It was already a busy month just two weeks into November when we released the latest issue of Peak Income to subscribers.
Before embarking on a trip to Asia, President Trump had nominated Jerome Powell to replace Janet Yellen as Chair of the Federal Reserve, and not long after Republicans in the House of Representatives introduced a tax reform bill that could, well, change a lot of things. The Senate has since followed suit with its own proposal.
For our purposes in Peak Income, both bits of news are positive for our income-generating approach, as I detail in the issue. While tax reform is still very much a fluid situation, I want to share with you today about why the Fed news is particularly well suited for us.
Tapping Powell as Fed Chair is seen as more of the status quo. He’s a member of the Fed’s Board of Governors and was widely viewed as the safe choice and the pick that Wall Street wanted. That’s good for us. We’ve done just fine under Yellen, and I expect more of the same under Powell.
John Taylor, the other Fed Chair finalist and a respected economics professor at Stanford University, was seen as a lot more dogmatic about raising rates at this point in the business cycle.
He suggested that rates should be three times higher than they are today (3.75% versus 1.25%). Had Trump nominated Taylor over Powell, things would likely have gotten dicey in the bond market. But we don’t have to worry about that.
I think Powell will likely continue Yellen’s slow, gradual approach to normalizing monetary policy.
But the market is expecting Yellen to give us one more rate hike on her way out the door.
And I’m betting that Powell will want to prove his bona fides by giving us at least one rate hike immediately after taking office in February.
No Fed chair wants to start the job looking weak, so a quick hike will allow Powell to establish authority.
We should expect short-term rates to go higher for a while.
Yet, rather than rise in anticipation of this, floating-rate funds have spent virtually all of 2017 drifting lower.
This creates a nice opportunity to capture a high current yield today while getting the potential upside of floating rates essentially for free.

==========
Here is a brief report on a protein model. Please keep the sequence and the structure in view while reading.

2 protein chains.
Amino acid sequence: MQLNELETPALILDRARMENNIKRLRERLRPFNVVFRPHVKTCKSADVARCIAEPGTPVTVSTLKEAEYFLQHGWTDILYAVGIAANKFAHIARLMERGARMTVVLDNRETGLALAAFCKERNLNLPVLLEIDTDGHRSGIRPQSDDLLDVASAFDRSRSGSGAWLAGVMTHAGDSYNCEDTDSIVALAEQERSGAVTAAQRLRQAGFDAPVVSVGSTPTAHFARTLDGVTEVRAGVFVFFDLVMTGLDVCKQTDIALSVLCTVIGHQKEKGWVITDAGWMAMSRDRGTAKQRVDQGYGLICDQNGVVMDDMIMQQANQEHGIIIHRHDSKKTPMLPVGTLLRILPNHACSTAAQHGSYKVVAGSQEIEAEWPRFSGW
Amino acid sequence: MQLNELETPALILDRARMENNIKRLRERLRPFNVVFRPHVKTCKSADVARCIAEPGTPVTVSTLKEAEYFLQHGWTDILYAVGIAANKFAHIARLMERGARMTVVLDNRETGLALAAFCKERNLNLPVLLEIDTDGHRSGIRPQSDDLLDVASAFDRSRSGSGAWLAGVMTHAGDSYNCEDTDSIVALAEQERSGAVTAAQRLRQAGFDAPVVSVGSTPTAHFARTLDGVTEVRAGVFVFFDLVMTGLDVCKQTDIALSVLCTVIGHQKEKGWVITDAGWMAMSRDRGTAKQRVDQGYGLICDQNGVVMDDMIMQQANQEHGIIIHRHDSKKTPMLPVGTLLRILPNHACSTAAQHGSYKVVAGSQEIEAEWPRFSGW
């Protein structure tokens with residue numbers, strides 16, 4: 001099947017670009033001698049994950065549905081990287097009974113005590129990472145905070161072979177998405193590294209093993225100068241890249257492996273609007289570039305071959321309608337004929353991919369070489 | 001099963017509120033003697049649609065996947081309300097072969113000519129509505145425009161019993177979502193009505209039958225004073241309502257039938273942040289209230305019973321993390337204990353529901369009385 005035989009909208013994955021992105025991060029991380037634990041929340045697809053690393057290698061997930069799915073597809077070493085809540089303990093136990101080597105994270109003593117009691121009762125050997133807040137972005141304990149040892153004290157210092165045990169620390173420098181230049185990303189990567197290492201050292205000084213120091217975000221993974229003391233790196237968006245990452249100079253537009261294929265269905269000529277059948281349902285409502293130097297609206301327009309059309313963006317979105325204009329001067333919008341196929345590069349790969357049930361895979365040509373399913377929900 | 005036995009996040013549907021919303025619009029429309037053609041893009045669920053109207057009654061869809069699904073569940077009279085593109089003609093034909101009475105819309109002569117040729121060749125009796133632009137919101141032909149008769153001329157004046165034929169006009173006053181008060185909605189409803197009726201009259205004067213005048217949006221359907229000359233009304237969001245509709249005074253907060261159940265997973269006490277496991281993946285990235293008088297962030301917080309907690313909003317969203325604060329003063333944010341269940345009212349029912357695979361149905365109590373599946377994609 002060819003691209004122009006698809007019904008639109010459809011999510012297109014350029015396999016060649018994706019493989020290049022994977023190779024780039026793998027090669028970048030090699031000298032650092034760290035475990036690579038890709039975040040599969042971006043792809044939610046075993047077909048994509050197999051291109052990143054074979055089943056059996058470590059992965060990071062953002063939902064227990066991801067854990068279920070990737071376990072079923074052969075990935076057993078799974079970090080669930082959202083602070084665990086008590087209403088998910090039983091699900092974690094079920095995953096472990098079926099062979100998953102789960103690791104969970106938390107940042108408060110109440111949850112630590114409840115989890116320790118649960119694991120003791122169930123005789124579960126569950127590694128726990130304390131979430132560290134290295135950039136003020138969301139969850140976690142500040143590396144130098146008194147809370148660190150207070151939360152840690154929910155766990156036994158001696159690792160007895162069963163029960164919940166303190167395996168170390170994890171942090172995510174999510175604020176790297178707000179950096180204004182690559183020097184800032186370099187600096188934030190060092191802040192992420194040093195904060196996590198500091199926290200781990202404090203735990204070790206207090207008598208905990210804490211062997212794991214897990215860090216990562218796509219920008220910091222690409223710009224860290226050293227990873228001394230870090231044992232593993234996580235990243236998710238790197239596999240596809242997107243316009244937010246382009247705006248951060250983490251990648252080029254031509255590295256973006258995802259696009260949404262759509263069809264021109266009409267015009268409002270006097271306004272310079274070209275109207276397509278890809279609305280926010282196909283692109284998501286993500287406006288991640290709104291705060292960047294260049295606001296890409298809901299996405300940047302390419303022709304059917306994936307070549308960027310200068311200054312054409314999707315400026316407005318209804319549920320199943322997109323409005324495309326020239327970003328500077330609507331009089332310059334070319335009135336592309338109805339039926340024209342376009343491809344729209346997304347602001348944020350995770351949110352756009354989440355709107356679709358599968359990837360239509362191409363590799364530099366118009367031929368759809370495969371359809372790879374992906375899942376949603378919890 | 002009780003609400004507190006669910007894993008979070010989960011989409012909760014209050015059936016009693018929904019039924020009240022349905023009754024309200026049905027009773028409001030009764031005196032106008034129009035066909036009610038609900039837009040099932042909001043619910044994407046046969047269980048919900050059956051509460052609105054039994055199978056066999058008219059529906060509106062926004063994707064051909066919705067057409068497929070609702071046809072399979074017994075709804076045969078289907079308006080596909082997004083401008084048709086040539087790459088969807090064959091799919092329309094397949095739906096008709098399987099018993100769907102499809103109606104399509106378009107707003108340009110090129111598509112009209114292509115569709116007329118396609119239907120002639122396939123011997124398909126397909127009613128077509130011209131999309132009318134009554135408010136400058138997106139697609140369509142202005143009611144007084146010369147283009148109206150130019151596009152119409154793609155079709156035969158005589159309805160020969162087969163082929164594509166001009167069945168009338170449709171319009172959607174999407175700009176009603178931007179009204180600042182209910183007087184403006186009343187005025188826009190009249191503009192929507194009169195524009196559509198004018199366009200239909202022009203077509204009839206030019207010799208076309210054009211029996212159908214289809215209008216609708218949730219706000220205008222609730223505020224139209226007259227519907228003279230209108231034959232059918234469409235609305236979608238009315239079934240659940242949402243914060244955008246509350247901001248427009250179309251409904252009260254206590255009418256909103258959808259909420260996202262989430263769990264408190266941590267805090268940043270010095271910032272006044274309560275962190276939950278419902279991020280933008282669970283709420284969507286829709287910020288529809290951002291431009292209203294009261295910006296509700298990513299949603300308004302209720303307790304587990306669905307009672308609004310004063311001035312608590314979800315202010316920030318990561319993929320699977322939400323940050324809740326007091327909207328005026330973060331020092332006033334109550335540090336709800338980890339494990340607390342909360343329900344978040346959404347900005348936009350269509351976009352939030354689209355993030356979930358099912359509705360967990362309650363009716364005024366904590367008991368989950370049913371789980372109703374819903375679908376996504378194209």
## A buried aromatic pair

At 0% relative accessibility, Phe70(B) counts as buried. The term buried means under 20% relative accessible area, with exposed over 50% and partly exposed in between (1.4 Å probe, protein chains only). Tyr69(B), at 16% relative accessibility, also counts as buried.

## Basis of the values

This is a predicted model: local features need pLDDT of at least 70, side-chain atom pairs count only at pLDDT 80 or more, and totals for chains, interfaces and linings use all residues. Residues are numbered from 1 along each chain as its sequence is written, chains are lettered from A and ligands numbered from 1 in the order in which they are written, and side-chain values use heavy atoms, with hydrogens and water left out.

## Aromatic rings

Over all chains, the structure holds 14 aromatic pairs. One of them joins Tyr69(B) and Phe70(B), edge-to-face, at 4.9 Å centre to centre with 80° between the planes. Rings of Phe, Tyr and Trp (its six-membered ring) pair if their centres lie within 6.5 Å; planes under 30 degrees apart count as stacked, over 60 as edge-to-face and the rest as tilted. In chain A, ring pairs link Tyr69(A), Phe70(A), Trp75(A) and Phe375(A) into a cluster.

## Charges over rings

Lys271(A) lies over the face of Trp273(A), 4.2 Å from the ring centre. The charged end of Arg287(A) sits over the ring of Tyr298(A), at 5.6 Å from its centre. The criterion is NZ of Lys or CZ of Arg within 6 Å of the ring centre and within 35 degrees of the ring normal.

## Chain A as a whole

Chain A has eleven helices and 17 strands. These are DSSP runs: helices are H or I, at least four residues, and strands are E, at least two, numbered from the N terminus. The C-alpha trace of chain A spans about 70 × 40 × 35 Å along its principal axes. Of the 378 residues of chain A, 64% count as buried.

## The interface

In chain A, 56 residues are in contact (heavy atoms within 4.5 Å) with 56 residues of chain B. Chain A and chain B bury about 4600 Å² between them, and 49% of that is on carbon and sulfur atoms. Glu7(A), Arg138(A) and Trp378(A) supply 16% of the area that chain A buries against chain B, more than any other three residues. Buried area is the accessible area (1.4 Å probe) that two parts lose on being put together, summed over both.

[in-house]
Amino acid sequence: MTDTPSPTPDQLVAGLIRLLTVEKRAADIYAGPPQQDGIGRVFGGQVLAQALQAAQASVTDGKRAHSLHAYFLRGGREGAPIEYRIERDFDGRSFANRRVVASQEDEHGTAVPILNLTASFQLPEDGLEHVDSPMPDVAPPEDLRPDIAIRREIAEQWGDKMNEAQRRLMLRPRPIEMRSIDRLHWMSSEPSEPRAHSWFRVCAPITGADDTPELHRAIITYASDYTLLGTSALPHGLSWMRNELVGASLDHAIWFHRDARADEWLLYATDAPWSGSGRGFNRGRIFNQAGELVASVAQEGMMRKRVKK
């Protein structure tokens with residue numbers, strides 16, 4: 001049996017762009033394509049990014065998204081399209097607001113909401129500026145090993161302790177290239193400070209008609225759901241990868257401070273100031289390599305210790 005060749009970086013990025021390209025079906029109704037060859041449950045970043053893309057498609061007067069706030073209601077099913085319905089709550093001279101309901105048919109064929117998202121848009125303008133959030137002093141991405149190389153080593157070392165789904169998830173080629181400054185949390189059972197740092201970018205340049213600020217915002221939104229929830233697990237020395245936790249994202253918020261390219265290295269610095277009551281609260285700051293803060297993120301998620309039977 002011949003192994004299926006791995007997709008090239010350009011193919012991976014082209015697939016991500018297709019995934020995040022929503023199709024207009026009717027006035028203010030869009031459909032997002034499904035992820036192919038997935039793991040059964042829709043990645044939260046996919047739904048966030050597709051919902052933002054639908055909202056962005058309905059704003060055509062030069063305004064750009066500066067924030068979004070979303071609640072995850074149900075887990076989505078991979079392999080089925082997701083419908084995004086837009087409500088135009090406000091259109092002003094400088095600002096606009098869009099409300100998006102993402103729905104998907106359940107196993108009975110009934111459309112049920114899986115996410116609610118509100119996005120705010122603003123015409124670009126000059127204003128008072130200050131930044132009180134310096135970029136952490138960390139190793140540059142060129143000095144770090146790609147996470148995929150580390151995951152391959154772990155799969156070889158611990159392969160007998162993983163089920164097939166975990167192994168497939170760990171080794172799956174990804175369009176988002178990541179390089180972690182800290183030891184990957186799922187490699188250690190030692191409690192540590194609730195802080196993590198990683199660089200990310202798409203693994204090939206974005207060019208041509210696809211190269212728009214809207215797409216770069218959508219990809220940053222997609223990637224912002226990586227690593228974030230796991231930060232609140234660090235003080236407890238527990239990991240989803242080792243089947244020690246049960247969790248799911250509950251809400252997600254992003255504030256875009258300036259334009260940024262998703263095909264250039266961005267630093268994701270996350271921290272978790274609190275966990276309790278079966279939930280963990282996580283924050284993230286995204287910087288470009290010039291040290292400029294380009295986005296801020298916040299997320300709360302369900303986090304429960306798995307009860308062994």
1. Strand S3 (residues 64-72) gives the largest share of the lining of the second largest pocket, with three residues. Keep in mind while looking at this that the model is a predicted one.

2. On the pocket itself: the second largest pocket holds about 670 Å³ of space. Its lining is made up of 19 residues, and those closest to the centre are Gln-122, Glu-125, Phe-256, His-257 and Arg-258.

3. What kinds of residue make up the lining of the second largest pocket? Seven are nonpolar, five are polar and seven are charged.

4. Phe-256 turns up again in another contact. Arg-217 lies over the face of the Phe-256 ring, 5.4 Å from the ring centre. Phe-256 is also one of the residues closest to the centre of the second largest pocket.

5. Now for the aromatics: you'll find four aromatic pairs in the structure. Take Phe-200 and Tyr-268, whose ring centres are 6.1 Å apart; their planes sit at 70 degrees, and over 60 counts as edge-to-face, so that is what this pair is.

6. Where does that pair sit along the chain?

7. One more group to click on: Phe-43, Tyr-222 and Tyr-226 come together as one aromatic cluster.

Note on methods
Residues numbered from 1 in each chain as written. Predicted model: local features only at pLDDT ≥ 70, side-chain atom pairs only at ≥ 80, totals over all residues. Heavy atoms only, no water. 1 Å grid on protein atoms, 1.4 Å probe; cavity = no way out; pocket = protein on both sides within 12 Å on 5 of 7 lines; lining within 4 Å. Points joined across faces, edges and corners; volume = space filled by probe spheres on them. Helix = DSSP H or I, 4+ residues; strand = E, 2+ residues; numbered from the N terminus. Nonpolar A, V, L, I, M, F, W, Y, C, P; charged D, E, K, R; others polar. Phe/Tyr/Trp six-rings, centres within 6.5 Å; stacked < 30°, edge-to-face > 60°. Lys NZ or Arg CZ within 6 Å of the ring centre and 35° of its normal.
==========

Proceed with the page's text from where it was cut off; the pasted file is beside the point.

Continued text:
We already have a little exposure to floating-rate securities via a fund that we’re up about 14%, and I expect more gains to come.
But this subsector is attractive enough to warrant the addition of another position, and I’m recommending one of the largest and most liquid funds in this space.
The great thing about this floating-rate fund is that it’s a nice addition to a fixed-income portfolio because they tend to have minimal correlation to the broader bond market.
Consider the past year.
Most bond prices tanked after last year’s election, as the market expected the incoming administration’s policies to be inflationary. But, within months of Trump taking office, bond prices started to firm up again, as it became more and more obvious that the wheels of government would continue to turn slowly.
For most of 2017, bonds have performed exceptionally well, taking a lot of investors by surprise. (Though not us, I can proudly say; I’ve consistently written over the past year that the post-election bond rout would be a blip and nothing more.)
Yet floating-rate securities have experienced precisely the opposite. Prices surged after the election in anticipation of the higher rates that would follow imminent inflation. When inflation failed to materialize, money started to leak out of the sector.
Today, a year after the election, the fund I’m recommending to my subscribers is right back where it started. It’s a great value that I expect to return anywhere from 17% to 27% and give you consistent income, a bedrock of anyone’s retirement plans.
You can think of this floating-rate investment like a free bonus option. If rates stay more or less unchanged, the “option” expires worthless. That’s OK, as we didn’t exactly pay up for it at today’s prices.
If the Fed pushes short-term rates significantly higher, great! Our “option” kicks in.
In one case, we win… and in the other, we don’t lose. Those are odds I’m happy to take.
Editor, Peak Investor